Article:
COLUMBIA — A sold-out crowd of 2,015 packed the bleachers of University Field on Friday. Some got there early; some had to sit in folding chairs in the golf course just beyond the outfield.
But all the Missouri fans were there to see one thing: the No. 13 Missouri softball team defeat No. 6 Alabama to continue its chances at a share of the regular season Southeastern Conference title.
Instead, they saw a dog pile of Crimson Tide celebrate on the field after a 3-1 victory over the Tigers.
"I think it's bush league," Missouri coach Ehren Earleywine said. "I understand the excitement, but I think they, like a lot of SEC schools, take it a little bit too far."
Like it or not, a few Tiger mistakes led to that pile.
As fans began filling the bleachers, they could see freshman pitcher Tori Finucane on her own in the outfield a good hour before the game was set to begin. She'd take a few steps and then bend down to stretch, repeating this a few times.
After pitching a full seven innings in the Tigers' 8-6 victory not 24 hours earlier, she was warming up to pitch again.
Earleywine asked her if she'd be ready to pitch again after Thursday's game. They'd have her use her legs more, rather than her whole body, in Game 2.
The decision to have Finucane pitch two consecutive games wasn't the mistake, though. She gave up five hits, fewer than the six in the Tigers' win over the Tide the night before. After her first strikeout, she gave just a hint of a fist pump — more than her usual reaction.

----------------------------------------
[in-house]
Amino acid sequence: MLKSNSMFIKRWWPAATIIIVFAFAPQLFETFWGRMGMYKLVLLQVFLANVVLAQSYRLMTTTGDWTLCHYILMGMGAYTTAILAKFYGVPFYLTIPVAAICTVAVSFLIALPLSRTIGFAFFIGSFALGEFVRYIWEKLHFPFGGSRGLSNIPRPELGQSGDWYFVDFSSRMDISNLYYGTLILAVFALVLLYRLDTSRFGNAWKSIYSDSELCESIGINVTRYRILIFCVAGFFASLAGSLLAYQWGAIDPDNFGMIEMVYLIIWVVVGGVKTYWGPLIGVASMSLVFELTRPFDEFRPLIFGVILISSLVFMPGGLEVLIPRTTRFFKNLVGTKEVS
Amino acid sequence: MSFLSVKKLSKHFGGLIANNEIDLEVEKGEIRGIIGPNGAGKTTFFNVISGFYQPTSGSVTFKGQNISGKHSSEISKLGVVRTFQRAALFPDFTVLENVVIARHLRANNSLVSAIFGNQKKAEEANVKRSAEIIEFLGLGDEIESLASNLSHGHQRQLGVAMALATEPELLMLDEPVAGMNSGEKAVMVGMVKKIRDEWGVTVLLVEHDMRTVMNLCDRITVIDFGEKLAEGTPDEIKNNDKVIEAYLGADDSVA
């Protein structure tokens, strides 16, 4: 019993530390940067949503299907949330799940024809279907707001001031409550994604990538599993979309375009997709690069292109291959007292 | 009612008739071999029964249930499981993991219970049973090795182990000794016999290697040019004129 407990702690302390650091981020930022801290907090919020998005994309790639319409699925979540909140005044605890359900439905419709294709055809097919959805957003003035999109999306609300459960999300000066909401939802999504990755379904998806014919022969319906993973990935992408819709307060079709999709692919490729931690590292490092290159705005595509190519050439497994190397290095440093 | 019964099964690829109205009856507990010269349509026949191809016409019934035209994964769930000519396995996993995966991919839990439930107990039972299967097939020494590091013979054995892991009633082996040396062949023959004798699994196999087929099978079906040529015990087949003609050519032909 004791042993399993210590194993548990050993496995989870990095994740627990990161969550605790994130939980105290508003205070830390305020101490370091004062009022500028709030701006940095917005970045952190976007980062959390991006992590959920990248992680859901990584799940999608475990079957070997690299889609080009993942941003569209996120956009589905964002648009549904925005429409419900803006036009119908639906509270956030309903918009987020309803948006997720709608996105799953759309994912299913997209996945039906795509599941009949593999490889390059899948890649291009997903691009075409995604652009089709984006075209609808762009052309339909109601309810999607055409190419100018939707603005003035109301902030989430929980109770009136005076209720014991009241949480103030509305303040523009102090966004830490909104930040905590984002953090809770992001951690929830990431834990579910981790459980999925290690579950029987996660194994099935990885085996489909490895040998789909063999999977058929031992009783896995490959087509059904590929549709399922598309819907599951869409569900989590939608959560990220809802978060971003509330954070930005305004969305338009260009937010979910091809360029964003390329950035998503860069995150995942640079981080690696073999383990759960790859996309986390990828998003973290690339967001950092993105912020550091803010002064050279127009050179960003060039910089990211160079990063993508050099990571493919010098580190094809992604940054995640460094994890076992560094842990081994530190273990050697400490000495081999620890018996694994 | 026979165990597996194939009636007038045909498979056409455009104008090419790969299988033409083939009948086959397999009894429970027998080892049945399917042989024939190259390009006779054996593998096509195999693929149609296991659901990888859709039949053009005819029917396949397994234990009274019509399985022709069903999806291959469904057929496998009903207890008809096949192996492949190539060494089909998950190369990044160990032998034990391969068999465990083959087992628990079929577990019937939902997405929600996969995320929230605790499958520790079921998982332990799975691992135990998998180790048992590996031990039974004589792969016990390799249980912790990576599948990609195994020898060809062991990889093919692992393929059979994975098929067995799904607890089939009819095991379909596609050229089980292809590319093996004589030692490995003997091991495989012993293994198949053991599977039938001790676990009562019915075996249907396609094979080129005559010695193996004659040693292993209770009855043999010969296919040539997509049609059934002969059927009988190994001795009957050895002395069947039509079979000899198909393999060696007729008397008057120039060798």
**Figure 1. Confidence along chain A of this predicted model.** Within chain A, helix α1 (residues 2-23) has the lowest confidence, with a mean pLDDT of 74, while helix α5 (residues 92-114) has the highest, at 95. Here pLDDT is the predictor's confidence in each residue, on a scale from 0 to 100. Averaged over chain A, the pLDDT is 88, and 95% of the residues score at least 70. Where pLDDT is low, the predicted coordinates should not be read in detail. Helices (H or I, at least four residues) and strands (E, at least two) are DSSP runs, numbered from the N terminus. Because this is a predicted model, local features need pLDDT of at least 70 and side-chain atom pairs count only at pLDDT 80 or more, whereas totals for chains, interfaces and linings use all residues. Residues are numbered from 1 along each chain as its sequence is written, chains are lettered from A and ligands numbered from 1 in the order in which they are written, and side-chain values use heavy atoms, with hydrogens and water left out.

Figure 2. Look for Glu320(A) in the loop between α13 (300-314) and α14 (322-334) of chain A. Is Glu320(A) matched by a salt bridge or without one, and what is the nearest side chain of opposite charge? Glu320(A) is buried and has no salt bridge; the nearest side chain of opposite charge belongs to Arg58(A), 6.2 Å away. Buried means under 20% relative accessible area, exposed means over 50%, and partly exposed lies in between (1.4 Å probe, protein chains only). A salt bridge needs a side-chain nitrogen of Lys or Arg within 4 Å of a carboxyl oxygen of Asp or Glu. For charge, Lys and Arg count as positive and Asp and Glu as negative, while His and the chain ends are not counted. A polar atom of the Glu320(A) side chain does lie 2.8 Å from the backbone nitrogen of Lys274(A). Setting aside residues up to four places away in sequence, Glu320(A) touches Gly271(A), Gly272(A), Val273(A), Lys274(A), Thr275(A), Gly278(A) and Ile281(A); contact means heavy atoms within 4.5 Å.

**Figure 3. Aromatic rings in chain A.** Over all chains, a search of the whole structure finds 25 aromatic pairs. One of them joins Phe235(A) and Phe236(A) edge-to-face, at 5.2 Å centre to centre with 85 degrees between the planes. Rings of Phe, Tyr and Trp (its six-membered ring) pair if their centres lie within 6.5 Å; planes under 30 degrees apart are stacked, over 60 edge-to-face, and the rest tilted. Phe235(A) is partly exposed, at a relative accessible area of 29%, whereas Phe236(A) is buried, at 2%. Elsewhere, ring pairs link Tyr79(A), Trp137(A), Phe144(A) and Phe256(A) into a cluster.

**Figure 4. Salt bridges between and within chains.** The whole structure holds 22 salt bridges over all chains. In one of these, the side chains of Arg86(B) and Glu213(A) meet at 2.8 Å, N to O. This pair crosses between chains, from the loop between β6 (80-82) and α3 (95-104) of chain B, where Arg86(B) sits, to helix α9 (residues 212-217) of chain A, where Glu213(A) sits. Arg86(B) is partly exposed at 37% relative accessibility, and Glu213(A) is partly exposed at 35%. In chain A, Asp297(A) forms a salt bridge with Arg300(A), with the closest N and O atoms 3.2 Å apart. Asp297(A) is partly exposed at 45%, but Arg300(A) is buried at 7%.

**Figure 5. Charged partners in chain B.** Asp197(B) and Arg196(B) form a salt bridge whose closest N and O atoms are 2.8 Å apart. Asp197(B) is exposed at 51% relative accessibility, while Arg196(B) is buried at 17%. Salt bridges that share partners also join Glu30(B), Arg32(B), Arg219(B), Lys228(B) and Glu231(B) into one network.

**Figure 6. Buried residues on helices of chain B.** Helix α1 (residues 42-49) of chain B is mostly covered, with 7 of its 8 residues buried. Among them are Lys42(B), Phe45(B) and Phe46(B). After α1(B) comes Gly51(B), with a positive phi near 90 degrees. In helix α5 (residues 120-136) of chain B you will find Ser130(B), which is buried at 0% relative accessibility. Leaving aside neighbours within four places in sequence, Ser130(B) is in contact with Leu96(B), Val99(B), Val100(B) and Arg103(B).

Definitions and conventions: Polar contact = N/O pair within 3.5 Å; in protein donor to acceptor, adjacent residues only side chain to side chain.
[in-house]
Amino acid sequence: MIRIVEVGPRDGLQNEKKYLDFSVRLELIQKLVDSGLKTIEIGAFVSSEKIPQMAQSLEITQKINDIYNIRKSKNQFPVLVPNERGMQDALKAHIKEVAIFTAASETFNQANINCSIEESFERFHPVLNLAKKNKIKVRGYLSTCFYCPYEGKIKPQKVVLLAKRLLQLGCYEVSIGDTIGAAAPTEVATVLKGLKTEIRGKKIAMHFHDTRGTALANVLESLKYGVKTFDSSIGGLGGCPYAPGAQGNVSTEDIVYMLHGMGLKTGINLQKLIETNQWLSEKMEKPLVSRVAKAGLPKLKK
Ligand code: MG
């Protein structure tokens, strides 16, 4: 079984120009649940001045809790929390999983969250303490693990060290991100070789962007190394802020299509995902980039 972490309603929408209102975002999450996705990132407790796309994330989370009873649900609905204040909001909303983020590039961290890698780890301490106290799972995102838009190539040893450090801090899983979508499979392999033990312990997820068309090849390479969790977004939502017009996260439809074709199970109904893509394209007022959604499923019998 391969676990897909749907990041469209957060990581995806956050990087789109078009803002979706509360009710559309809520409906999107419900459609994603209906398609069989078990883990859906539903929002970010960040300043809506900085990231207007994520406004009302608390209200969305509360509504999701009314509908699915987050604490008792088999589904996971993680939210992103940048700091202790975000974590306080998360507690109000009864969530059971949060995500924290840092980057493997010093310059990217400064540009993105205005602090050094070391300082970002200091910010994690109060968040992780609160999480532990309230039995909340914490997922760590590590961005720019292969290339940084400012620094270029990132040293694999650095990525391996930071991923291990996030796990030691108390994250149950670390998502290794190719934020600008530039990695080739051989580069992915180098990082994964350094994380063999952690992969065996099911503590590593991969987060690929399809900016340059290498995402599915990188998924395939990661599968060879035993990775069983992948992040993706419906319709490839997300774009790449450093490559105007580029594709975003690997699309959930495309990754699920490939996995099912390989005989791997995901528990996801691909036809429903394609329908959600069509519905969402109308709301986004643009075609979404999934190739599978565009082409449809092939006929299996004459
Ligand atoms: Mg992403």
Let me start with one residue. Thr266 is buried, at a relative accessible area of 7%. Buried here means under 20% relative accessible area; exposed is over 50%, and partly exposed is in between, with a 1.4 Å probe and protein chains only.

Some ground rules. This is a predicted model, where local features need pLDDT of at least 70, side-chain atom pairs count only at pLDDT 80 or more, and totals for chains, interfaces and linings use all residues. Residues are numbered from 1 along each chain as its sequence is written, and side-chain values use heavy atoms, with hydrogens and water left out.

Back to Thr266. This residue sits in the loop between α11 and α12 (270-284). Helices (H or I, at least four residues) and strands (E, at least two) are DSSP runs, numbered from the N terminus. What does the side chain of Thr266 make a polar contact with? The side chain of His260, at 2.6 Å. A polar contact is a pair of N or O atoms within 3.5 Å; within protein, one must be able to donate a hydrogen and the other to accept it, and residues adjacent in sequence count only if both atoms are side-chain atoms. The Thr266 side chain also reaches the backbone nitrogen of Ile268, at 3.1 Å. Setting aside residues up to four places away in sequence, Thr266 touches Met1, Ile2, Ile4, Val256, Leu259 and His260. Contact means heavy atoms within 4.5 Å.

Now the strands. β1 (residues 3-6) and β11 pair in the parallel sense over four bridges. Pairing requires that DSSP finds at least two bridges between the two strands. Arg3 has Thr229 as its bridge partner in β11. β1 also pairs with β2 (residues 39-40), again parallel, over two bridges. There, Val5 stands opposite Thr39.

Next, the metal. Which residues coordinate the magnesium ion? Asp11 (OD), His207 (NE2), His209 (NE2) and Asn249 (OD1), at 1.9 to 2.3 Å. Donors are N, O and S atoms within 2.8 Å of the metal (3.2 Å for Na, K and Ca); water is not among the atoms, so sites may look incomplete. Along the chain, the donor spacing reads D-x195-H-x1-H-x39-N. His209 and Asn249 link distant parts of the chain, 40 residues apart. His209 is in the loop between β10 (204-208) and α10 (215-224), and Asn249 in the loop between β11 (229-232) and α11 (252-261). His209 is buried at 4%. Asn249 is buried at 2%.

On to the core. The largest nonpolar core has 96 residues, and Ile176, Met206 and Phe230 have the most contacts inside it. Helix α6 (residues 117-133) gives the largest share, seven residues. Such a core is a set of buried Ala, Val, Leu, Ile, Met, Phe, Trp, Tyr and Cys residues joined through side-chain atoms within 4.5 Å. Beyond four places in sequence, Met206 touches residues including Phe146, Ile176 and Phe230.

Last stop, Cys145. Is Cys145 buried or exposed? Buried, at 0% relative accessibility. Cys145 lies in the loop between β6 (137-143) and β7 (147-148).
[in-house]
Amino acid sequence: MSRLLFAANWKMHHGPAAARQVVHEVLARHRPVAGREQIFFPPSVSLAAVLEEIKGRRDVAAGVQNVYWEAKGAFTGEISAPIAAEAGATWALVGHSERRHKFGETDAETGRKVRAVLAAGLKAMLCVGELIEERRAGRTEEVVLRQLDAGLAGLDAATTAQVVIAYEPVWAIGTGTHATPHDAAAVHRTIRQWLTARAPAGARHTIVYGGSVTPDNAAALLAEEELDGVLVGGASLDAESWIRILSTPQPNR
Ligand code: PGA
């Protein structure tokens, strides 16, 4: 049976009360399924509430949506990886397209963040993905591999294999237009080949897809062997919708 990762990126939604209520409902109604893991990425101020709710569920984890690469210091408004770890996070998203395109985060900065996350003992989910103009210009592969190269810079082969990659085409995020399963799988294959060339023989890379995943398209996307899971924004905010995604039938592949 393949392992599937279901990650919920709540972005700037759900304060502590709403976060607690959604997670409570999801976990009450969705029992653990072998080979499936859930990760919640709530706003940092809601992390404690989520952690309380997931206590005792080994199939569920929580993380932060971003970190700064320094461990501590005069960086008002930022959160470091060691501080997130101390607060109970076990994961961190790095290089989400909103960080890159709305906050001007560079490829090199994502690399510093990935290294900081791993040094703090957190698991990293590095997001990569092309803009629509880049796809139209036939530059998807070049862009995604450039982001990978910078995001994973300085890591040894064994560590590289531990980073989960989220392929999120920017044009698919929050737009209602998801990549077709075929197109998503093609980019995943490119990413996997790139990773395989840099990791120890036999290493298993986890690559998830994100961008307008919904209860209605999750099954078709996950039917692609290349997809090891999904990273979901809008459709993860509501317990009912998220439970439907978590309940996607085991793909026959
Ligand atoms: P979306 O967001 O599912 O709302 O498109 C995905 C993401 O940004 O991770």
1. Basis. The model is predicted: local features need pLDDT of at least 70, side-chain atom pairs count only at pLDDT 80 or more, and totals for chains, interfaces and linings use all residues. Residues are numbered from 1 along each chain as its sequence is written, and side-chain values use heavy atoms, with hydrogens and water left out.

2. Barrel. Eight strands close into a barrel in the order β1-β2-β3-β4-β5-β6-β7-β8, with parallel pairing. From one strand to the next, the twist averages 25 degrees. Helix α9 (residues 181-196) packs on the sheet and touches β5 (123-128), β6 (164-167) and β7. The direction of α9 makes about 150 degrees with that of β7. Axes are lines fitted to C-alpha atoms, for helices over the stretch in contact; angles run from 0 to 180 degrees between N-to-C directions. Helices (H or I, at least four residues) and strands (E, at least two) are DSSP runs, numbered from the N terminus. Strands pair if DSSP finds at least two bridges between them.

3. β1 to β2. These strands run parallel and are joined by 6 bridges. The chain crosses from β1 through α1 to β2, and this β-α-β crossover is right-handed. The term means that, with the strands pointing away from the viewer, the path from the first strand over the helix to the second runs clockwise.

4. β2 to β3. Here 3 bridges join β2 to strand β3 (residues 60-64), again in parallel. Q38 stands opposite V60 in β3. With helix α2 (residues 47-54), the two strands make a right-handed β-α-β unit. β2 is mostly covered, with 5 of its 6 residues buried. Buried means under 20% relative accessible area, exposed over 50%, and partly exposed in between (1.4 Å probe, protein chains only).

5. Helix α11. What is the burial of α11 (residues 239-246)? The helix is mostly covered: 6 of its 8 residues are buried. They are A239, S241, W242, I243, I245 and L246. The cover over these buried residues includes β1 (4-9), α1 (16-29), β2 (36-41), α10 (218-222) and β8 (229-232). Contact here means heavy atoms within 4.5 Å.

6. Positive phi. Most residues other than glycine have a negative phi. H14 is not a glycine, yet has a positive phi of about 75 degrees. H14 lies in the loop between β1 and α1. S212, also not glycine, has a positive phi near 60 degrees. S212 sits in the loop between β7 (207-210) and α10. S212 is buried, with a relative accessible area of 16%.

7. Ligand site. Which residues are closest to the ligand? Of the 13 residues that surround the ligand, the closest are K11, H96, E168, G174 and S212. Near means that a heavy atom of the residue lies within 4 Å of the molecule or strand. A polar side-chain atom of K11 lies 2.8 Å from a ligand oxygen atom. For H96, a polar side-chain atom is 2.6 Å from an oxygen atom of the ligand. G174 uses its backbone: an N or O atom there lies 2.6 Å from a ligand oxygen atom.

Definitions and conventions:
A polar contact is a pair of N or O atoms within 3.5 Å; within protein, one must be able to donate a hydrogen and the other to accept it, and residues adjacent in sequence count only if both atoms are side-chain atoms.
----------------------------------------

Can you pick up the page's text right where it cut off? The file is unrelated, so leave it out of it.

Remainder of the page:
"I thought she threw well enough to win," Earleywine said.
The mistake was not hers.
At the top of the inning, Earleywine beckoned Finucane over to the dugout. She ran off the field, and freshman pitcher Casey Stangel took her place in the circle.
The plan was to have left-handed Stangel match up against Alabama's lefty hitters. But the first batter she faced, Alabama shortstop Danae Hays, is right-handed.
"I wanna fully take the blame for the loss because I should've waited another batter to bring Casey in," Earleywine said. Hays singled and scored later in the inning to give Alabama a 2-1 lead. "That part of it's my fault, and potentially, that could've been the difference in the game."
That wasn't the only mistake, though.
In the top of the second inning, Missouri third baseman Angela Randazzo let out a big sigh. She'd struggled with a ball hit by Alabama third baseman Peyton Grantham and allowed her to load the bases.
It was the first of Missouri's three errors.
"Two or three people on the infield just didn't show up," Earleywine said.
It all led to the Alabama pile and the Crimson Tide's outright SEC regular season title.
But it also fueled the Tigers' desire for at least a series win Saturday.
"Them celebrating on our field was disgusting to watch," Missouri shortstop Corrin Genovese said. "Ultimately, if we win the series tomorrow, that's not gonna feel as good for them."
Supervising editor is Sean Morrison.